ABD Attack Joyriders
In response to the jailing of Ian Carr last week, the ABD has called for all joy-riding offences to be taken more seriously, with more effort put into apprehension and tougher sentences on conviction.
Carr was convicted after the stolen car he was driving crashed into a family hatchback killing Rebecca Sawyer and critically injuring her 18-month-old sister Kirsty.
The ABD is concerned that those who steal cars and drive them unlicenced and uninsured are able to get away without fear of a serious penalty.
The ABD has in the past attempted to find out just how many people are killed or seriously injured by such drivers but no statistics seem to be available. The ABD worry that they are being lumped in with other 'speed related crimes' and criminalising ordinary motorists.
ABD Chairman Brian Gregory said: "The courts must take vehicle theft seriously, this offence is not like stealing a bag of sweets from a shop, it has more in common with randomly firing a firearm in public and hoping nobody gets hurt. It's about time proper statistics were collated for the number of deaths and injuries caused by such drivers".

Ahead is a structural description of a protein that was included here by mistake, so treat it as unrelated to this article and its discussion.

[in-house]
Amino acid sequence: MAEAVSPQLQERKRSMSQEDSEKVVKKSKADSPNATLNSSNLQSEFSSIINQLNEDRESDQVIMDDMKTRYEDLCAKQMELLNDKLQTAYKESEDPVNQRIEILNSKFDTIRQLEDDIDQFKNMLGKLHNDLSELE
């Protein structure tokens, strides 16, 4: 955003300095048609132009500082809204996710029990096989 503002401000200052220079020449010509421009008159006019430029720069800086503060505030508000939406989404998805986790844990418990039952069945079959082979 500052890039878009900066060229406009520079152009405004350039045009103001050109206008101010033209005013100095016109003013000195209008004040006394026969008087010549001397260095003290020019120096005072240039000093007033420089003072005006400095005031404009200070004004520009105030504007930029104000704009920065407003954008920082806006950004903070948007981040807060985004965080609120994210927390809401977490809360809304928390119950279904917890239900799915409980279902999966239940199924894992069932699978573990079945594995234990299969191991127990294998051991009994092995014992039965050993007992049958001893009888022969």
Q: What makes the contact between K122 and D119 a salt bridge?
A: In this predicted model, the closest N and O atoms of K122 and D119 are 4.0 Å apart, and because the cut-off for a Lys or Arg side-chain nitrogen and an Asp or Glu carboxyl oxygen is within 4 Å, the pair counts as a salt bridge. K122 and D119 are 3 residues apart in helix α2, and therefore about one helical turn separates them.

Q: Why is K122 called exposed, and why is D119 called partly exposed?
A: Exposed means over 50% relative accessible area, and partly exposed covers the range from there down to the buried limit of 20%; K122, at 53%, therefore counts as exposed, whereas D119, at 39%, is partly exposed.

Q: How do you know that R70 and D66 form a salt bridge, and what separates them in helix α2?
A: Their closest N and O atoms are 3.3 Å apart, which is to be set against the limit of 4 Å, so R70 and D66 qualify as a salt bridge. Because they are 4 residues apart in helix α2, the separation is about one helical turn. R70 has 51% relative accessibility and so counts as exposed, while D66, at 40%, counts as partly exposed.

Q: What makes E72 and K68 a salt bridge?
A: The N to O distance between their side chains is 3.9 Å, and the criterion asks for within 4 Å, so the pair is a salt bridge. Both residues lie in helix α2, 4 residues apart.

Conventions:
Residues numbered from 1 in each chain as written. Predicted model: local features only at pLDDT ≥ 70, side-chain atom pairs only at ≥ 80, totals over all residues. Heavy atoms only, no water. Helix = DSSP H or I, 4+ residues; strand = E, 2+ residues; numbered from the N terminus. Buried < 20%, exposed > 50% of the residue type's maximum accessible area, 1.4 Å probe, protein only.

ABD spokesman Nigel Humphries added: "It seems that whenever television companies produce programmes on speeding they report children who have been killed by 'speeding drivers' then casually mention that the car was also stolen as though it's an insignificant factor. The government appears to take a similar view, relying upon their beloved but ineffective cameras and reduced speed limits to solve a problem which they obviously cannot. Only by bringing back traffic officers will these menaces be apprehended. Only when the courts hand out appropriate sentences will they be stopped".